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Europe: U.S. Strikes Declared A Success, Not So U.S. Diplomacy

Washington, 5 September 1996 (RFE/RL) -- The United States, declaring "mission accomplished," appears to be winding down military activity against Iraq. But on the international scene, diplomatic controversy continues with more tough talk from Moscow and growing questions about the cohesiveness of the Western coalition.

A tired-looking President Bill Clinton made a brief appearance before reporters yesterday to declare that "our mission has been achieved."

Clinton said Iraq's strategic forces are worse off now than before U.S. missile strikes on air defense facilities in southern Iraq Tuesday and Wednesday.

He said the targets were damaged or destroyed and the United States thus has shown Iraq's president Saddam Hussein it will take action if "Saddam Hussein violates the United Nations prohibitions on either threatening his neighbors or repressing his own people."

However, several countries that supported the United States in the 1991 Persian Gulf War, including Russia, vociferously dispute America's rationale or remain conspicuously silent.

Asked about the comparative lack of approval, Clinton said he has received good support from America's allies.

"Things are on track and I feel good about it," he said.

Clinton maintained his own diplomatic silence about Russian president Boris Yeltsin's position, who, according to his chief of staff Anatoly Chubais, views the U.S. action as "very dangerous" and "impermissible."

In Bonn, visiting Russian Foreign Minister Yevgeniy Primakov said Wednesday that the United States exceeded the terms of a United Nations resolution when it decided to expand a "no-fly" zone from the 32nd parallel to the 33rd parallel up to the southern suburbs of Baghdad.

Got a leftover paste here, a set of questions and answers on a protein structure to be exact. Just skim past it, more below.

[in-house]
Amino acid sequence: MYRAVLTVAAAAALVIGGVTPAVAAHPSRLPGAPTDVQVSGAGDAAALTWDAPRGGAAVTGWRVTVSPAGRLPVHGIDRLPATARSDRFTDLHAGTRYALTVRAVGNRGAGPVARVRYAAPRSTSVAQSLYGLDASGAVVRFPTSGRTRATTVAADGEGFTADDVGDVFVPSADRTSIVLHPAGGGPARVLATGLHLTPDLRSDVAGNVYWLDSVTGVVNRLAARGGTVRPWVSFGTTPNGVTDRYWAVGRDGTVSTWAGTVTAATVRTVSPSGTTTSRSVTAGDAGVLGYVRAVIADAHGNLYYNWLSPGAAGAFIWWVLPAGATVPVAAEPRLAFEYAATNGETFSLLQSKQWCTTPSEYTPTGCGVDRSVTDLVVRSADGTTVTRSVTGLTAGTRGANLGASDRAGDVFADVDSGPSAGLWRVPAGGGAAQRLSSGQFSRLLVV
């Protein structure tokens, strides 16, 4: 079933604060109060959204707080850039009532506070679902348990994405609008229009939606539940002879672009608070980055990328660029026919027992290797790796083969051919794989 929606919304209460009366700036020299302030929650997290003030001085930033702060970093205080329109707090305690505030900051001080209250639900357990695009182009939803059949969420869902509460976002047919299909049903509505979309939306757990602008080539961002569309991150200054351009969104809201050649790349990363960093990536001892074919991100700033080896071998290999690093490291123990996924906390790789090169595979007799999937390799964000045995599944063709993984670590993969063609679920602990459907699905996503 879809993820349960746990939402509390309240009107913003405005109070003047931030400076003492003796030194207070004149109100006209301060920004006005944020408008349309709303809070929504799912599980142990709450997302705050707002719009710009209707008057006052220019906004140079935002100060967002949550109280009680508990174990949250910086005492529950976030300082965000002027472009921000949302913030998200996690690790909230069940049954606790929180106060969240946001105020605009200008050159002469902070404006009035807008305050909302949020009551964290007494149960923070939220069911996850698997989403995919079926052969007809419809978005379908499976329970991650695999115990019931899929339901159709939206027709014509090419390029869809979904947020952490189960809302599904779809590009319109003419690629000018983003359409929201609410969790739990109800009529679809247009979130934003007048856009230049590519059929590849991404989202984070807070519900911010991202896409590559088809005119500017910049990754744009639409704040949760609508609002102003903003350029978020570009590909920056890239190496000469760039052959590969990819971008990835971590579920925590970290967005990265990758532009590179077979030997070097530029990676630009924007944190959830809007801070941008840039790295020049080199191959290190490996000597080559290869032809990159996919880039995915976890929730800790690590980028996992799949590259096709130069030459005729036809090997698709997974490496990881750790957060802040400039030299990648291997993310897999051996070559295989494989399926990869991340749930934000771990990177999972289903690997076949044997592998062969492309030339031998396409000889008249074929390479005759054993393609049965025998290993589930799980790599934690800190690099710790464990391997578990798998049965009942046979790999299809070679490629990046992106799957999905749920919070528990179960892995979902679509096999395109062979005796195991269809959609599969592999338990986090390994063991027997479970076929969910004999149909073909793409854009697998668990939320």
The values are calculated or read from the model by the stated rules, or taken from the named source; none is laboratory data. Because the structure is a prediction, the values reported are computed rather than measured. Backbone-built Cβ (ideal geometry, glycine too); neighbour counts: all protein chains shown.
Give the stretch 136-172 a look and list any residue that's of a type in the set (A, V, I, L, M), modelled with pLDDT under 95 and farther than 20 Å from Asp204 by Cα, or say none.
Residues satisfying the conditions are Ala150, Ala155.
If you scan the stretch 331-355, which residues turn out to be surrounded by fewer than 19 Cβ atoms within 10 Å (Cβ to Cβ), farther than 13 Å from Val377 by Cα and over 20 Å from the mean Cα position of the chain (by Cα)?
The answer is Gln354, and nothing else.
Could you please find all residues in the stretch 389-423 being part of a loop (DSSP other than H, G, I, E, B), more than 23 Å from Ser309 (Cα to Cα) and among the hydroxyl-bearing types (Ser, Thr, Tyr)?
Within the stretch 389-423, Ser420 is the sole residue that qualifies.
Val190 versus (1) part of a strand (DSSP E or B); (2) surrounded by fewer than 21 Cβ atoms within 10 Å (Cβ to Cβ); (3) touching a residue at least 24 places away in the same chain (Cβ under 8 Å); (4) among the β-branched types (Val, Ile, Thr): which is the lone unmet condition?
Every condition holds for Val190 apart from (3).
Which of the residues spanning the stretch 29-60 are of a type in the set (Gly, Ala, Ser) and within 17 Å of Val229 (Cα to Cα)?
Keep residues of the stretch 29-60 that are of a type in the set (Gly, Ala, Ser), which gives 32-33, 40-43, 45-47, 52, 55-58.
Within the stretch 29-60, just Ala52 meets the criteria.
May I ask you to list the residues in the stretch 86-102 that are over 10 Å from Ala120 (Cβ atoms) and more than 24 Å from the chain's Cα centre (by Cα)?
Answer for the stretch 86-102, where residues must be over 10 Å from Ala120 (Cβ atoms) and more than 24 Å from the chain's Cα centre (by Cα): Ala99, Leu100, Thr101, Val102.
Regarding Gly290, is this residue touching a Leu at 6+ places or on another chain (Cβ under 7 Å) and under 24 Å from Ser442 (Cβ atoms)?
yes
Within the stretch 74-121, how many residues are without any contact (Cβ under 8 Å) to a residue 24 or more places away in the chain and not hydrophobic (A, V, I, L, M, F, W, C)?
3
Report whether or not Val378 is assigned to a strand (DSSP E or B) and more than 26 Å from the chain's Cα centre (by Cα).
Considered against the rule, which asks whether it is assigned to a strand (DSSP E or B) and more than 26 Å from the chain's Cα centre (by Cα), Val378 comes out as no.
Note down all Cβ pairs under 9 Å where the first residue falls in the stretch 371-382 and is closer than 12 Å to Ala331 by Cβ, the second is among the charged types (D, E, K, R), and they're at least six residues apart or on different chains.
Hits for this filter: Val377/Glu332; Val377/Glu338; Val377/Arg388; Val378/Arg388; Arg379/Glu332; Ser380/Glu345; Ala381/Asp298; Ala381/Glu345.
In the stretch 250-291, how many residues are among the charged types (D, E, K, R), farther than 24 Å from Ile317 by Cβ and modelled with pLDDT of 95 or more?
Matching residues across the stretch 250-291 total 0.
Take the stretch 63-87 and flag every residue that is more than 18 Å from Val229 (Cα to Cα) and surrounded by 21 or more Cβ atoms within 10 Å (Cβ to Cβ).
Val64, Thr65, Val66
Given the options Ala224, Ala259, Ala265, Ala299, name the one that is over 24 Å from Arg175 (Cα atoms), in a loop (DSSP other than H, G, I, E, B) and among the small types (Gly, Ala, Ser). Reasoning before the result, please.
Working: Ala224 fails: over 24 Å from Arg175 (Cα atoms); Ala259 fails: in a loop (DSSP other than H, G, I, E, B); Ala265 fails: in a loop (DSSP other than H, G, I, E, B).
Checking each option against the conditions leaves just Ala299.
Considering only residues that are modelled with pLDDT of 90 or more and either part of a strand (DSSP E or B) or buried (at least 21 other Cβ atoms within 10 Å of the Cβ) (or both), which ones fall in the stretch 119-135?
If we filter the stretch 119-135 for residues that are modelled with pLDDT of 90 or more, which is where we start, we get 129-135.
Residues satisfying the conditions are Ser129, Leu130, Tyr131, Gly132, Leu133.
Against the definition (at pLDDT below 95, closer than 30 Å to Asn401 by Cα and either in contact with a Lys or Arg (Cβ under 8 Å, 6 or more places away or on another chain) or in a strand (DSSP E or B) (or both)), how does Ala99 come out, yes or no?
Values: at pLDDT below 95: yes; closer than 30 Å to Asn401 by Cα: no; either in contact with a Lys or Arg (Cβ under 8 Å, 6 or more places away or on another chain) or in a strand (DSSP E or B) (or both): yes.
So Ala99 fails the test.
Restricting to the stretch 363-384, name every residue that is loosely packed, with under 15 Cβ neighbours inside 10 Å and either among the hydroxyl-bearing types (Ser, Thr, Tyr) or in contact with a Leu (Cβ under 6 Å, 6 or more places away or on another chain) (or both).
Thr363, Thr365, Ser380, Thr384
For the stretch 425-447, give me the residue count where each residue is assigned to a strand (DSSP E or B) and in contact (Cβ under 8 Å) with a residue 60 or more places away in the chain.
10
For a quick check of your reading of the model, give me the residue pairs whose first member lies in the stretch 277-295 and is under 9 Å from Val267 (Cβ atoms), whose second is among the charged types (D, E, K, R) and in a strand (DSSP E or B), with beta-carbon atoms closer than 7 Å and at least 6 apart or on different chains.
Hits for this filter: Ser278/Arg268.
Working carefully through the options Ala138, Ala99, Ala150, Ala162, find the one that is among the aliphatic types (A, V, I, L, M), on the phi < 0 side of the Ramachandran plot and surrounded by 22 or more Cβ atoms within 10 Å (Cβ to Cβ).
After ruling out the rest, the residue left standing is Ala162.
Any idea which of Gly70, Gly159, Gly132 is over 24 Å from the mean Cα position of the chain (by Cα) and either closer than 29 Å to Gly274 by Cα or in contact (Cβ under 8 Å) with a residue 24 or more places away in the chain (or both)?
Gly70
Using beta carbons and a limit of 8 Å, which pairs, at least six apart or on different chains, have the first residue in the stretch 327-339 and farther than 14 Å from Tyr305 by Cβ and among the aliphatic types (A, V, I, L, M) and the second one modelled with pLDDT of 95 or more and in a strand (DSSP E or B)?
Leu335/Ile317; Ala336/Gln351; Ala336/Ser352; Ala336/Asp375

Primakov's charge was rejected at the U.S. State Department by spokesman Glyn Davies, who said the U.S. attack was justified by more than one U.N. resolution. He said the U.N. documents state unequivocally that Kurds in northern Iraq must not be oppressed.

"That's what Saddam Hussein did and that's what led to our action," Davies said.

He added that extending the "no-fly" zone is a matter for the countries that police it -- Britain, France and the United States.

Their authority, Davies said, derives from the U.N. resolution establishing "no-fly" zones in 1991 after the Persian Gulf War to prevent Saddam Hussein from further aggression against his neighbors.

Britain has made strong statements of support for the United States, which were repeated in Washington Wednesday by visiting British Defense Minister Michael Portillo. The United States also received solid endorsements from Japan, Canada, Germany and NATO.

But the European Union in Brussels postponed a statement of support largely because of France, which has distanced itself from the strikes. French officials say they did not agree in advance to the extension.

With the understandable exception of Kuwait, many Arab leaders also have been critical.

As for Russia, Davies said the United States had "constant, round-the-clock consultations" with Moscow before the missile strikes.

"We will continue to discuss with the Russians the actions that we have taken," he said.

Davies made clear this is a post-factum courtesy, adding "but the action has been taken, the no-fly zone has been extended, and we will in our diplomatic dialogue with the Russians continue to answer their questions."

The tepid international reaction to this week's strike has drawn critical comparisons in the United States with the 1991 "Desert Storm" operation to drive Saddam Hussein back from his occupation of neighboring Kuwait.

In 1990, then president George Bush united major Arab countries with Israel and much of Europe and Asia in a coalition that even included the Soviet Union.

Some politicians date the end of the Cold War to August 1990, when Soviet Foreign Minister Eduard Shevardnadze and U.S. Secretary of State James Baker stood together at Moscow's Vnukovo airport to condemn Iraq's invasion of Kuwait in a joint statement.

Later in 1991, the Soviet Union voted with the United States on some of the resolutions Russia now says are being misinterpreted by the United States.

In sharp contrast to 1991, Primakov said Wednesday that Russia will veto a proposed U.N. resolution condemning Iraq for its incursion into the northern Kurdish zone.